There was still a fair bit of development going on around 2008. Enough that you can't reliably just buy any old kite. By 2012 your odds are much better.
The bridle revolution was in those 06-08 years, and they didn't have it down across the board until closer to 2012. Those early years have some decent kites, but there are plenty of dogs that really, are just not worth flying compared to almost anything current. From 2012 on you can pretty much count on at least a decent kite, but once again, a little research goes a long way. The long running C kite models of fuel, torch, vegas are all great by 2012. Other long standing models like the rebel, the later years of the park, the rpm, they all hit relative maturity around 2012.
There are many more good kites out there, things like switchblades etc are all viable, but it helps to know what the traits of a long running model are. The switchblade was never a fast or responsive kite but more of a steady/stable kite. They are probably plenty fast now, but they grew into it much more recently than say 2012.
The rhino you mention is one I would call obsolete. They were a C kite before the vegas. Generally lacked any real depower but packed a lot of lift. Dangerous combo for anyone inexperienced.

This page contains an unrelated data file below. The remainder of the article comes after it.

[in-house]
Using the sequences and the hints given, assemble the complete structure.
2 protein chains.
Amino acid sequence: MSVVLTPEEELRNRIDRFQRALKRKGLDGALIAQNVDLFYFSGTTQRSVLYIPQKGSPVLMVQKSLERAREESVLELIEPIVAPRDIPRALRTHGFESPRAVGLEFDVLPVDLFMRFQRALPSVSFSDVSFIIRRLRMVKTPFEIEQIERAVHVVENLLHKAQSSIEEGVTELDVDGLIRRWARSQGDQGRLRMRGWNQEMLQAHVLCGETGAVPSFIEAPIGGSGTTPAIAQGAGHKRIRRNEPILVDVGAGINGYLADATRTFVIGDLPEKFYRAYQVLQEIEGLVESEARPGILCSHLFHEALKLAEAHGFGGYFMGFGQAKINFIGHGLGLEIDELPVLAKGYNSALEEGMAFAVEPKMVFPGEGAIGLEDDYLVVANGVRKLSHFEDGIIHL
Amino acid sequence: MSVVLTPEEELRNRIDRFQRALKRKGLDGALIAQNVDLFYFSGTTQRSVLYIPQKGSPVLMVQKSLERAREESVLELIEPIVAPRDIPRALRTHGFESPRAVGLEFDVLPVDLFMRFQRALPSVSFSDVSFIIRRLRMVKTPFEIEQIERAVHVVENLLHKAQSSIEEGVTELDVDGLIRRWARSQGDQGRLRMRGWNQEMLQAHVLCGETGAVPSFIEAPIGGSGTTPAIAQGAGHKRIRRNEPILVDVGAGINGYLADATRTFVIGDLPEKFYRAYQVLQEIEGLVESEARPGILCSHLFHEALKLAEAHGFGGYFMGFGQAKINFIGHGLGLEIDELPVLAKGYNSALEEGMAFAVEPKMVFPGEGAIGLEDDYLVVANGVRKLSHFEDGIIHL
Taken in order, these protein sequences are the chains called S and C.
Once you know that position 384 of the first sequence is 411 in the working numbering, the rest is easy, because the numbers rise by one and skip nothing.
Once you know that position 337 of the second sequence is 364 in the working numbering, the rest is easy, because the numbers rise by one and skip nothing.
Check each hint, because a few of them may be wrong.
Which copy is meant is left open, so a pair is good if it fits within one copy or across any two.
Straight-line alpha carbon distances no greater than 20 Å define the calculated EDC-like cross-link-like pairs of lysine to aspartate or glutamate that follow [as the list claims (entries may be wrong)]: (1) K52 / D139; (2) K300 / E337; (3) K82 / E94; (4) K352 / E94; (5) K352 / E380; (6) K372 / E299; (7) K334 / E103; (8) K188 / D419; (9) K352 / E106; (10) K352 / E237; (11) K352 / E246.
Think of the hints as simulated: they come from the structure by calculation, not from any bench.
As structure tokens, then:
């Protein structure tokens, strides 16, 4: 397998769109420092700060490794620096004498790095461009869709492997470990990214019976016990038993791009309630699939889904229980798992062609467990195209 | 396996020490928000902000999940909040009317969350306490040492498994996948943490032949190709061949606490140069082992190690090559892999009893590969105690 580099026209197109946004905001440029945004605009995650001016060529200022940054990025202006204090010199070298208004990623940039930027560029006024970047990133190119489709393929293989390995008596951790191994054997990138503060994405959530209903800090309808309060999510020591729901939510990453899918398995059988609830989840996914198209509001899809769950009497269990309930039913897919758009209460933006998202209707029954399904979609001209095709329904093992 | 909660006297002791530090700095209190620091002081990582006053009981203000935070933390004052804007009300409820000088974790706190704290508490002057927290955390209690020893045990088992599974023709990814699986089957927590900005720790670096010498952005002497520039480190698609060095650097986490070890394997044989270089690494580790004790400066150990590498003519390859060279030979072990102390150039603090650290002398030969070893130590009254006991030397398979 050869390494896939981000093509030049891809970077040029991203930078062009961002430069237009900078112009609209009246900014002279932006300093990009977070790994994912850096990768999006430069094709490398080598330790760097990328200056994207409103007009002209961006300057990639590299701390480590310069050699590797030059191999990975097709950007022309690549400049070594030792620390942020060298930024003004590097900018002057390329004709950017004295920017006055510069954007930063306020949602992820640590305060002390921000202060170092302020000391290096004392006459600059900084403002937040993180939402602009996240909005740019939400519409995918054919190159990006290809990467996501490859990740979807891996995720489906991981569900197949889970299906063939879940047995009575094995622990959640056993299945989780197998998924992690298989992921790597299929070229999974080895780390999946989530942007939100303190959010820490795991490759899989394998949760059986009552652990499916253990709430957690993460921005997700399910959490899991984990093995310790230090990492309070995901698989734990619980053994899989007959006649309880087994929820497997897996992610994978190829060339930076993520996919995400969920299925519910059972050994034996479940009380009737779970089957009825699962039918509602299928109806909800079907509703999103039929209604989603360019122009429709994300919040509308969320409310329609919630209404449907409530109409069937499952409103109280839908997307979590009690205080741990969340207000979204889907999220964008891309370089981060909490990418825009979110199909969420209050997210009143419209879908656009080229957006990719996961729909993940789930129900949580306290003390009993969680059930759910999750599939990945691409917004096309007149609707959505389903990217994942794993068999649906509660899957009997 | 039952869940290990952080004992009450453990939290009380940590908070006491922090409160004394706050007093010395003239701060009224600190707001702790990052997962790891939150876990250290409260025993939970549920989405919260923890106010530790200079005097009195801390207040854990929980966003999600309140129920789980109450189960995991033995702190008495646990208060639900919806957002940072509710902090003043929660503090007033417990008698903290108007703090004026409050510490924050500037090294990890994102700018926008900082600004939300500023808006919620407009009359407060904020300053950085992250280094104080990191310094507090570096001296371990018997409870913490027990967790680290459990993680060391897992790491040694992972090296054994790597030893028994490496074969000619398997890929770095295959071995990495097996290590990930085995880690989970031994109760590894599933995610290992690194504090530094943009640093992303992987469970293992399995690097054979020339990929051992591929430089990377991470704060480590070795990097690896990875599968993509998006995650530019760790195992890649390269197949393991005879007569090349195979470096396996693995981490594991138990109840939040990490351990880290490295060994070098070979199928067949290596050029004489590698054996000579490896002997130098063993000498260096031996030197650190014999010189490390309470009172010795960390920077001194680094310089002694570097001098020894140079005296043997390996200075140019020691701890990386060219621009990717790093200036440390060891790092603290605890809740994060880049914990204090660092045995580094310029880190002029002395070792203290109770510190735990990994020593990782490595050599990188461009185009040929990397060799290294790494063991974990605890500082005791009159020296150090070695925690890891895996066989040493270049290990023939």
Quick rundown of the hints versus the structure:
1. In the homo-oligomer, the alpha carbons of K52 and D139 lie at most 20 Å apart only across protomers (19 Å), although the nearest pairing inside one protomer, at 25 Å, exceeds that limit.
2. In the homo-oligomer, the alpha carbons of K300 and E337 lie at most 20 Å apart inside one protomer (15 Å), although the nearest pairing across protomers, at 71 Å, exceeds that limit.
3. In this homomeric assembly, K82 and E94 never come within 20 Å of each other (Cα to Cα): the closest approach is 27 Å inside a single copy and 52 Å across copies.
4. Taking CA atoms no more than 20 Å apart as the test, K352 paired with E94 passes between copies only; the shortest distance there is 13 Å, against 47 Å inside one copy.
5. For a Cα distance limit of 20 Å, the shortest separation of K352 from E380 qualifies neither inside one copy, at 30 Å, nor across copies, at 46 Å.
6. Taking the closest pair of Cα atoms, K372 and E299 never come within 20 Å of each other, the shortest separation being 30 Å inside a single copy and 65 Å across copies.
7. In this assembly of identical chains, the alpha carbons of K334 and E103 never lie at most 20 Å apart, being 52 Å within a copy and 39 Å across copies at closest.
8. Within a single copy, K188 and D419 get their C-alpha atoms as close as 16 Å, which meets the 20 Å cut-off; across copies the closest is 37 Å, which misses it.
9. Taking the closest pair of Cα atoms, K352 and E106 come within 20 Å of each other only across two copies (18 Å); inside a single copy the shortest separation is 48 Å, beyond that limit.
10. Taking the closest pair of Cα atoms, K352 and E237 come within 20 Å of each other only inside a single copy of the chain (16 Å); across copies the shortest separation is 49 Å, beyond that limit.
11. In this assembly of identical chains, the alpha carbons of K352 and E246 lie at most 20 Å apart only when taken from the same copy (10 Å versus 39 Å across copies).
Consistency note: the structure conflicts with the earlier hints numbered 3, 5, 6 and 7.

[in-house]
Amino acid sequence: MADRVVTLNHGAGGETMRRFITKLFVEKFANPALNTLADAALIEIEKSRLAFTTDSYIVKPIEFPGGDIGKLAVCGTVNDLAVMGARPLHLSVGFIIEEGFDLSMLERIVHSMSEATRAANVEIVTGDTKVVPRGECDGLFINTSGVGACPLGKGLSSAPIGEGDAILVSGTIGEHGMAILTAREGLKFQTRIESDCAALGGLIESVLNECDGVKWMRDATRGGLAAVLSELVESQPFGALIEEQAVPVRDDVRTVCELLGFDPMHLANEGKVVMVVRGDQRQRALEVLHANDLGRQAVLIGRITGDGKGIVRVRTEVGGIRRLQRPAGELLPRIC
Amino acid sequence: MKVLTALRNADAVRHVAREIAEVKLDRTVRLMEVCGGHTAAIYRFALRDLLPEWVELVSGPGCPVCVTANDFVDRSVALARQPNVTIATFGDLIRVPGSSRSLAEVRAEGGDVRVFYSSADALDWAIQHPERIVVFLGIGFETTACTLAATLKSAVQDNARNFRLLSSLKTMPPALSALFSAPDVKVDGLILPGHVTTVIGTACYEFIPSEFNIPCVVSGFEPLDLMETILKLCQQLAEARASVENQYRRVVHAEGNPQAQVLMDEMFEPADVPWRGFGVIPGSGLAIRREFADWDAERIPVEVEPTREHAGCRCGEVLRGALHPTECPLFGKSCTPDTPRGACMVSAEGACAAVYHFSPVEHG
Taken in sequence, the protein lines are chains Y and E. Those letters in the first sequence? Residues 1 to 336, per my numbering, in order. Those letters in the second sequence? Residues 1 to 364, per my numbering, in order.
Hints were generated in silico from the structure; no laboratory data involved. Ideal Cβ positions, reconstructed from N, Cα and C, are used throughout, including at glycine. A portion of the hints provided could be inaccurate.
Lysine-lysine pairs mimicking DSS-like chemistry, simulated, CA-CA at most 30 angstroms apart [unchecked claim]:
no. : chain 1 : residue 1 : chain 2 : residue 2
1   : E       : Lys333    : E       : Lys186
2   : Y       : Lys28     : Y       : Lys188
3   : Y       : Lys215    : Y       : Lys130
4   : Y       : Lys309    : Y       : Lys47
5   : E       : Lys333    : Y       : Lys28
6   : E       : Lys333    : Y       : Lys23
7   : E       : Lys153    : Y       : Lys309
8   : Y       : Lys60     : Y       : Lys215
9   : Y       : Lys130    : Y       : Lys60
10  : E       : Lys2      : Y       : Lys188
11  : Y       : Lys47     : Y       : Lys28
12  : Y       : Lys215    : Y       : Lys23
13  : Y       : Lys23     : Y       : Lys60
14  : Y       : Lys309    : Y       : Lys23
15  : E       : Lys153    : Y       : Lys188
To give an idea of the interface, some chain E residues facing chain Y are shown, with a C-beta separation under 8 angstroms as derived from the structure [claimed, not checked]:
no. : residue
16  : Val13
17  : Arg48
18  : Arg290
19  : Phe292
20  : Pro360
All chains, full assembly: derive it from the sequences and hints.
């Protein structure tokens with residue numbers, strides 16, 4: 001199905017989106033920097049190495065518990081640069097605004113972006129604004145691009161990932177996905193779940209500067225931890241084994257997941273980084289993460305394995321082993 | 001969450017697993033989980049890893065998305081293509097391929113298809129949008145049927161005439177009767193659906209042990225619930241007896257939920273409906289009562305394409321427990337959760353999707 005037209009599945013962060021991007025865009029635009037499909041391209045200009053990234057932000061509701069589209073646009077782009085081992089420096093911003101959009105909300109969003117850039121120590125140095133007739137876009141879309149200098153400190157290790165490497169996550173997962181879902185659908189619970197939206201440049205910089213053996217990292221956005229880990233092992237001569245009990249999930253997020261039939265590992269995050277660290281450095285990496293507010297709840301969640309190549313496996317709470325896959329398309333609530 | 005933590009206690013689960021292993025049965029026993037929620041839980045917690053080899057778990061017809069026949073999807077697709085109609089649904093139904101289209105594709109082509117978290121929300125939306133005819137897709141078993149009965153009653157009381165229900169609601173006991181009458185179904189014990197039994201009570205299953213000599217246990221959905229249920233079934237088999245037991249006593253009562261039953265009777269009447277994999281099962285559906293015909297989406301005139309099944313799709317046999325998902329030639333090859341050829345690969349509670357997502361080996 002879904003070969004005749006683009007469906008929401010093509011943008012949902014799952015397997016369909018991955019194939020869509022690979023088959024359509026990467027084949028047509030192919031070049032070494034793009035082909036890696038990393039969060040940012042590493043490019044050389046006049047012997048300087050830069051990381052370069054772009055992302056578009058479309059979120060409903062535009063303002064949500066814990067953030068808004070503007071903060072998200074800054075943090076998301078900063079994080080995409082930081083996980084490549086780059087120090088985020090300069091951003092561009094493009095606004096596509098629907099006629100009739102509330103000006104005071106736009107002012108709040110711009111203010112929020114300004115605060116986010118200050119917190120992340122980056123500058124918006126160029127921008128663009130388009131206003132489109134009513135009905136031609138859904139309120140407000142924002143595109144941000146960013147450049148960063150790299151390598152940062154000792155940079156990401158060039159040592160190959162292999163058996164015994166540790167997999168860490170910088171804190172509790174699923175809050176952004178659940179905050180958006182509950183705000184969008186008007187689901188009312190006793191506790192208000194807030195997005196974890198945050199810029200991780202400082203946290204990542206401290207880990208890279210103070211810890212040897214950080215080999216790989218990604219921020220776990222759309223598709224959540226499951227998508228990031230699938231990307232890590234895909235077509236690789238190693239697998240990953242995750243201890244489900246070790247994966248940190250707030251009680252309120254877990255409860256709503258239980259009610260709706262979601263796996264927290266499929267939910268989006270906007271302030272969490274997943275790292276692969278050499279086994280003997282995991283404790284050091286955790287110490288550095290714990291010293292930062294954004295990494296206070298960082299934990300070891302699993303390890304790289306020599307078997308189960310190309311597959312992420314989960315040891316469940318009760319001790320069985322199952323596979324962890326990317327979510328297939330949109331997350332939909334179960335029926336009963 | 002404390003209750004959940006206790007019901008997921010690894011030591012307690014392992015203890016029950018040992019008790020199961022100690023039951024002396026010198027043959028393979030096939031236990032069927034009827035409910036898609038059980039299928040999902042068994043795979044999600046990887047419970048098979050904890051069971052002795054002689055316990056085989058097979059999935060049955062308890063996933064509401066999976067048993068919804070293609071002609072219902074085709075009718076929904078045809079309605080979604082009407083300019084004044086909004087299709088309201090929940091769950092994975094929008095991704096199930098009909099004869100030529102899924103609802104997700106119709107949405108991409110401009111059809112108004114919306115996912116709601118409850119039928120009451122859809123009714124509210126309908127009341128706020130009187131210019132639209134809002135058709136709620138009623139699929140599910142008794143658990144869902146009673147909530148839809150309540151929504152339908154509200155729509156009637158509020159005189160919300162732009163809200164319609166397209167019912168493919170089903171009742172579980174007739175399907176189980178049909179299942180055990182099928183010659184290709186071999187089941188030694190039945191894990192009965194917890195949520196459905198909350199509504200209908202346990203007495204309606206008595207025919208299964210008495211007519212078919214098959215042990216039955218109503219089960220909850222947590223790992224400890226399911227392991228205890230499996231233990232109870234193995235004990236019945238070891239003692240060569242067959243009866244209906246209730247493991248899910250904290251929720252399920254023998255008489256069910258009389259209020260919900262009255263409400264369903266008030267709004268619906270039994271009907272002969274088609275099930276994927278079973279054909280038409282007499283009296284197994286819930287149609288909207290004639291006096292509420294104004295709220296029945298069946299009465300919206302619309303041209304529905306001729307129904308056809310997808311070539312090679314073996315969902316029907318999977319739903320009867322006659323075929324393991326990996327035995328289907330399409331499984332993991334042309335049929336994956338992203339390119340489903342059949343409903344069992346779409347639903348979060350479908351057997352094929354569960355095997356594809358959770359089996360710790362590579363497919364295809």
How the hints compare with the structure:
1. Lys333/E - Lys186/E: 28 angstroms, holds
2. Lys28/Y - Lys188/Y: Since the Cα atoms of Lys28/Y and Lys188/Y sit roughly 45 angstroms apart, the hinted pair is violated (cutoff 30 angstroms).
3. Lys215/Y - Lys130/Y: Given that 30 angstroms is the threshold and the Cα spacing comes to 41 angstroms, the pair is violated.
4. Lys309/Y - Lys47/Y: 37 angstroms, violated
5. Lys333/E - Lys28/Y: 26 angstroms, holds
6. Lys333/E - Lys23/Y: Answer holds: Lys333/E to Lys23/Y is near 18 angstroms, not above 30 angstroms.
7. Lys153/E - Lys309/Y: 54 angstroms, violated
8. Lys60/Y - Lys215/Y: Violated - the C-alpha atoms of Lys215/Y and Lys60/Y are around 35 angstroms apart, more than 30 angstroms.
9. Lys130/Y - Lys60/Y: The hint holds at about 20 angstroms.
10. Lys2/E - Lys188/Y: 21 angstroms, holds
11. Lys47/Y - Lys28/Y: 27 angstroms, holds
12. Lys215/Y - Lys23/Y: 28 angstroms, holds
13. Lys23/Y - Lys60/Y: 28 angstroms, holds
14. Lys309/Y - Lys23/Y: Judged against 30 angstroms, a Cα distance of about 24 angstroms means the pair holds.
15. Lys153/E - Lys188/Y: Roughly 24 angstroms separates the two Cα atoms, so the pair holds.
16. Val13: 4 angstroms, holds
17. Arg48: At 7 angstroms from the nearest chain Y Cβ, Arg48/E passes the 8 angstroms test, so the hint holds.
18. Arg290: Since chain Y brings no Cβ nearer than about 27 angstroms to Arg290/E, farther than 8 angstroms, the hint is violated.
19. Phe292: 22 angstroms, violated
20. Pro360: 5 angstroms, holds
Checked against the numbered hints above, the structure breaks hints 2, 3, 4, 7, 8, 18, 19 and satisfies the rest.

Not every long standing model is a lock. The LF envy has been around a while, but they had a weird pulley at the wingtip that they eventually abandoned. Any of that kind of stuff (pulleys on bar ends or attached rear and front bridle, are all evolutionarily dead and I wouldn't bother with them.
Some kites worked great but had particular safety systems that are now pretty obsolete. Everything now is single from line flagging. Old F-ones were all pretty good kites but you hear about looping or failure to roll over properly from those. Put em on a newer bar and they are fine. Other stuff to consider is that between 2008 and say 2015, kites were all still gaining weight with more and more and more battens, reinforcements, and scuff protections. Some companies like SS made "bombproof" their motto and it all got a little extreme. Have never flown an SS that felt snappy and light.
Anyway, that's just a thumbnail sketch. I have no problem buying minty older stuff, but I'm choosy. As a rule of thumb, if you don't know exactly what your looking for, you might as well aim for the sweet spot on the depreciation curve. 3-4 model years old and your still looking at a 2014 kite.